What if we told you Australian women were often better at making money decisions than men, but suffer from bouts of buyer remorse – perhaps due to that mounting rarely-used shoe collection!
The data reflects what many of us already know and that’s that the majority of consumer purchases in Australia are targeted at and made by women, perhaps giving some women a little more confidence with their shopping dollars.
So how do you compare?
The new study titled Decision Drivers Report found that 68.5 per cent of women are more likely than men 58.9 per cent to make an independent decision when buying a phone or computer.
When it comes to being indecisive, buying dinner causes women more fuss than men. About 32 per cent of women said they struggle more than men (25 per cent) when making a decision on what to have for dinner.
Is this because as women, we’re often asking everyone else what they’d like to eat first, whereas men are just better at cutting to the chase?
The data also found that men tended to struggle more than women when deciding on which suburb to live in 24 per cent versus 19 per cent.
Overall, the study found women were slightly better decision makers than men, however both men and women overwhelmingly claimed there was no difference between the genders on which was the better financial decision maker.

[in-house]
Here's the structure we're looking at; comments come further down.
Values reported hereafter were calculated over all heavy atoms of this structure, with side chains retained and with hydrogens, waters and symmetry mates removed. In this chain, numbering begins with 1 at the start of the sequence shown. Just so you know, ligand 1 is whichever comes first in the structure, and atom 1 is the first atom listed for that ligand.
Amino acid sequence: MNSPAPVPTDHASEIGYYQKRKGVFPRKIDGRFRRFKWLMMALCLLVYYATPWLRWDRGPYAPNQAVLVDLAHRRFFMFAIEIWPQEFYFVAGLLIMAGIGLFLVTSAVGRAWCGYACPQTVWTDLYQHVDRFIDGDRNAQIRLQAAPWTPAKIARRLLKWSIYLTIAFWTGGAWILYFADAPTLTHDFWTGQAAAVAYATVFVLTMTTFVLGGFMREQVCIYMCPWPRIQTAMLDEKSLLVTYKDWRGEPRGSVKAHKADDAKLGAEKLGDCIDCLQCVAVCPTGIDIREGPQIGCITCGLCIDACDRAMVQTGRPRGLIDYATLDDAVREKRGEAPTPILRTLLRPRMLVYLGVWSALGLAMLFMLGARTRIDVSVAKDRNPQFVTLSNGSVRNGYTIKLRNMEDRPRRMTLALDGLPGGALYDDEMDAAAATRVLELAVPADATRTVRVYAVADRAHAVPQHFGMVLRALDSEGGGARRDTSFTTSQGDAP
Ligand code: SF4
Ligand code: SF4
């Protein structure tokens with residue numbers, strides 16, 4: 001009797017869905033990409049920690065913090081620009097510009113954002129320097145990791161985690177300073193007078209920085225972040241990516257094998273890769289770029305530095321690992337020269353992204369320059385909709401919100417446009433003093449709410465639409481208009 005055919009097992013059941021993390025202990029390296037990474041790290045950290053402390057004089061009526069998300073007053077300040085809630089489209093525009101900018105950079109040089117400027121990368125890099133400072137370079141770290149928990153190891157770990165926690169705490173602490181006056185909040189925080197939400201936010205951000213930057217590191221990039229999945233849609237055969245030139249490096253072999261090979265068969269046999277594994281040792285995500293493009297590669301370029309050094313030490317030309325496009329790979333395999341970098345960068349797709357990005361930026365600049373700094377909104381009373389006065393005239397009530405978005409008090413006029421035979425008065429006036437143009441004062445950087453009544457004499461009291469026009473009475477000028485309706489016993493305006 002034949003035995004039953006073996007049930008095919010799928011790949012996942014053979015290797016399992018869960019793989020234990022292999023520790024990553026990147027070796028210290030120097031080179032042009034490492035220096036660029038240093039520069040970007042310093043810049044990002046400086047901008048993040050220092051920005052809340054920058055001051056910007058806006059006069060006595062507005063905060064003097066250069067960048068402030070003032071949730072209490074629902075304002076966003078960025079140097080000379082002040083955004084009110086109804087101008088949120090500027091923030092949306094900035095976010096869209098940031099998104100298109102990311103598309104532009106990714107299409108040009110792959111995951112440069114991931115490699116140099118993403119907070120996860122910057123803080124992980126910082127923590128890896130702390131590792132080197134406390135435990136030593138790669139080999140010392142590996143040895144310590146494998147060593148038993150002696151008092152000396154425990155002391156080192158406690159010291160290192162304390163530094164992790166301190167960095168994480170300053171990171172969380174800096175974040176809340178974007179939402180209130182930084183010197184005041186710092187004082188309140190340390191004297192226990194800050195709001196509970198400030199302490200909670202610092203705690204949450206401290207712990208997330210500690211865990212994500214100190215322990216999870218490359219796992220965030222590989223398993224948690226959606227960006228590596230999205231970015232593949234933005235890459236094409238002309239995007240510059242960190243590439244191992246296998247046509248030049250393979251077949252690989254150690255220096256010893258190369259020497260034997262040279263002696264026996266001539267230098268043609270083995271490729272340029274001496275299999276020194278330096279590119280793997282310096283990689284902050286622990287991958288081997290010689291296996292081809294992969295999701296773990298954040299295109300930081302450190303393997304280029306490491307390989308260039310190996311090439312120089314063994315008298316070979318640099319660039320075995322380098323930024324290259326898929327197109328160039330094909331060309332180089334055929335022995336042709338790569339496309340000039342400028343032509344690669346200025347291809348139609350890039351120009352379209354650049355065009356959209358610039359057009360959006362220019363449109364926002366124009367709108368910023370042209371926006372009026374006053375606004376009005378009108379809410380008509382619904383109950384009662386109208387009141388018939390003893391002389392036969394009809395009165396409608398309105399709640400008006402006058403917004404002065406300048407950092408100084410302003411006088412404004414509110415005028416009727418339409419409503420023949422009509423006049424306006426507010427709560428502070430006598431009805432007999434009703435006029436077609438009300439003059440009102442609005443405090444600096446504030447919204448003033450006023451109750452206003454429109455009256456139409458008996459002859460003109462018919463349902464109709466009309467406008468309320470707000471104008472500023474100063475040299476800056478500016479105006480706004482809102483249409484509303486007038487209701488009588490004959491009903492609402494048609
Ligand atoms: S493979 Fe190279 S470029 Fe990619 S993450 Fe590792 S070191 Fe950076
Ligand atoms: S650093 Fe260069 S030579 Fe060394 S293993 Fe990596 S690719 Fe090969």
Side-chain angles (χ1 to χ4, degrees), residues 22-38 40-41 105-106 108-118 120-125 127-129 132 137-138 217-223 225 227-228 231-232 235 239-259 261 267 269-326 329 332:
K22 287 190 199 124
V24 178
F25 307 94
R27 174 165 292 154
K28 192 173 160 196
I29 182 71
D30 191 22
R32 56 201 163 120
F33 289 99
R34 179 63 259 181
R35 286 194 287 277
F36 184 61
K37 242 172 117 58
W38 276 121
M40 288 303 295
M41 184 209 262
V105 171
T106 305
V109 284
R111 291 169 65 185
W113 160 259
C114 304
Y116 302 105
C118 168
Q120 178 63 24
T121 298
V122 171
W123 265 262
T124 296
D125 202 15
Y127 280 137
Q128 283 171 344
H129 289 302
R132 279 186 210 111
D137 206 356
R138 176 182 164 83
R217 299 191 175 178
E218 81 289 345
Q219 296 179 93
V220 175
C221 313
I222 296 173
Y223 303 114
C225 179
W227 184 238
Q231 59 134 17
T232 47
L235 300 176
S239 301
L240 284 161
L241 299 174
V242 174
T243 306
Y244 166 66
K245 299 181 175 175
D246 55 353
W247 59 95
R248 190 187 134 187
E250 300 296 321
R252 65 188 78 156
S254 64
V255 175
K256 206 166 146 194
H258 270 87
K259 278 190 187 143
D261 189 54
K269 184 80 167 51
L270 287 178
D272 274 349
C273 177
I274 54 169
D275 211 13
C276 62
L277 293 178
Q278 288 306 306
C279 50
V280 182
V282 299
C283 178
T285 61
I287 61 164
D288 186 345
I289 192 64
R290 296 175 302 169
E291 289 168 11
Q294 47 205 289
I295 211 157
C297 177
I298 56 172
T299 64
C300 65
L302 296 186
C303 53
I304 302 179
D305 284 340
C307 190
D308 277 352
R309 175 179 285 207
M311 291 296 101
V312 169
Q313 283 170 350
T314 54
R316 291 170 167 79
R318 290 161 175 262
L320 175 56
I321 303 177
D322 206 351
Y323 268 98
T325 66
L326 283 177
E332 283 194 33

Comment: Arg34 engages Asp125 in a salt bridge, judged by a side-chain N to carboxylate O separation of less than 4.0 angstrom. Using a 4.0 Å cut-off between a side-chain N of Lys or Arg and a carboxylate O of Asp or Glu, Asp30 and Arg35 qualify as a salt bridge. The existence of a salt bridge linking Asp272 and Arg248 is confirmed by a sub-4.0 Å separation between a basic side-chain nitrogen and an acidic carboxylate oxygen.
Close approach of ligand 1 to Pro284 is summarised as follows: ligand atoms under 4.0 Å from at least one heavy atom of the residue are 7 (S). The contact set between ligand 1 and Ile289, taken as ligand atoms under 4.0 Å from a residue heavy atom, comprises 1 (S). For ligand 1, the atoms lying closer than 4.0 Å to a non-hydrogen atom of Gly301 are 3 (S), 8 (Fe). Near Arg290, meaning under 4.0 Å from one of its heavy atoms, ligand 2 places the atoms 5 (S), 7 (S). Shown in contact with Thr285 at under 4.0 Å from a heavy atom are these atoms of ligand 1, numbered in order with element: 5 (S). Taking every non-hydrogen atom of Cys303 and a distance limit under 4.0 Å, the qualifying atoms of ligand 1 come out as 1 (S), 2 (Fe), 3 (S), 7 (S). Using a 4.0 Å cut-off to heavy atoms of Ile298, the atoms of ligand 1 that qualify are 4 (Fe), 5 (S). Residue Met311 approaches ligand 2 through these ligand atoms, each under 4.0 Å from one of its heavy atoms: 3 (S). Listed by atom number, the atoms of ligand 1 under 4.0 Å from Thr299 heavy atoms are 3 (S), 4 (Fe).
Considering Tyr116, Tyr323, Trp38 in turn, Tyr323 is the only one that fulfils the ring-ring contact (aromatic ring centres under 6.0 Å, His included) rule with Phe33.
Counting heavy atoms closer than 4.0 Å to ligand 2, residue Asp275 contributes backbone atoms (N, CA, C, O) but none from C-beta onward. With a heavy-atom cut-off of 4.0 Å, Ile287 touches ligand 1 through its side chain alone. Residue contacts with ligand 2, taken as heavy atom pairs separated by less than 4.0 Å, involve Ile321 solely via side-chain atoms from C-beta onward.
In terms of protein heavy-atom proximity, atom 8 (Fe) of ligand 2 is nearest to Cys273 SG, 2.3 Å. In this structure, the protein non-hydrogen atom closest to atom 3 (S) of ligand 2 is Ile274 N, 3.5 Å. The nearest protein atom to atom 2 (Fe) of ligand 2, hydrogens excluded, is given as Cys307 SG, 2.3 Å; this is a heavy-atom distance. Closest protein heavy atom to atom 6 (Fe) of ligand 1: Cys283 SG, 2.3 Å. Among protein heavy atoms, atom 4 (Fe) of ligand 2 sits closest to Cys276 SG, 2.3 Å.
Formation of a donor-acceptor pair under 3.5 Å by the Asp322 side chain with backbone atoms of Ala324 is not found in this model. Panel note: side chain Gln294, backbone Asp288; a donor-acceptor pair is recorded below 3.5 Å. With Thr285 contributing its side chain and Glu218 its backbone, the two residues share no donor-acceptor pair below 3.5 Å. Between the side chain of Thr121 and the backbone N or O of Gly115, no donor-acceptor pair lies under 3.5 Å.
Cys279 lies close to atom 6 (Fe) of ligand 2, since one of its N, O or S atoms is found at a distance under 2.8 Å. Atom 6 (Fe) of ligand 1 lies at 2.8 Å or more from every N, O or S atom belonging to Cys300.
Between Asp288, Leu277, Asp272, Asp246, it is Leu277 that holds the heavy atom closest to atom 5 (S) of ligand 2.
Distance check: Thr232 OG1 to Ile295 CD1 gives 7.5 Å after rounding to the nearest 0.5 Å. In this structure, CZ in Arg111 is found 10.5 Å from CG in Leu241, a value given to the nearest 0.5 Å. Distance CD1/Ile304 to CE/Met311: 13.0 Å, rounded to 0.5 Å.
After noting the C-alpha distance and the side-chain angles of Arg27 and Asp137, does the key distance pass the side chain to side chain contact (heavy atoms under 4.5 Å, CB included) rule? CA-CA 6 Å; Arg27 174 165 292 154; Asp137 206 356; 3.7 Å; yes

“It is promising to see that less than 1 in 10 Australians feel out of control with regards to their finances with more than half (51.5 per cent) putting a budget in place to purchase large ticket items,” said Senior Sales Manager and Choosi spokesperson Katrina Foster.
“Whilst 54 per cent of people would either put a budget in place (29.2 per cent) or walk away (24.8 per cent) from making a small purchase if they didn’t have the savings available,” said Ms Foster.
The data also revealed that 50 per cent of Australians are less rational with their spending and more frivolous when they are on holidays, whereas almost a third make more impulsive purchasing decisions whilst food shopping when they are hungry.
Furthermore, the data revealed Australians are also less cautious with their spending when spoiling their children 24 per cent and shopping online 21 per cent.
Whilst it is clear emotions have a strong impact on decision making, almost half of Australians 41 per cent admit that buying with their hearts instead of their heads is a key factor contributing to buyer’s remorse.
One in three Australians 29 per cent say they have made a large purchasing decision that they have come to regret.
Whilst another two in three Australians, 70 per cent, have bought things that they have never used. (Just don’t look at my shoe collection!)
In this video Sugar Mamma TV’s Canna Campbell gives us her tips for spending wisely on clothes and creating the ultimate waredrobe.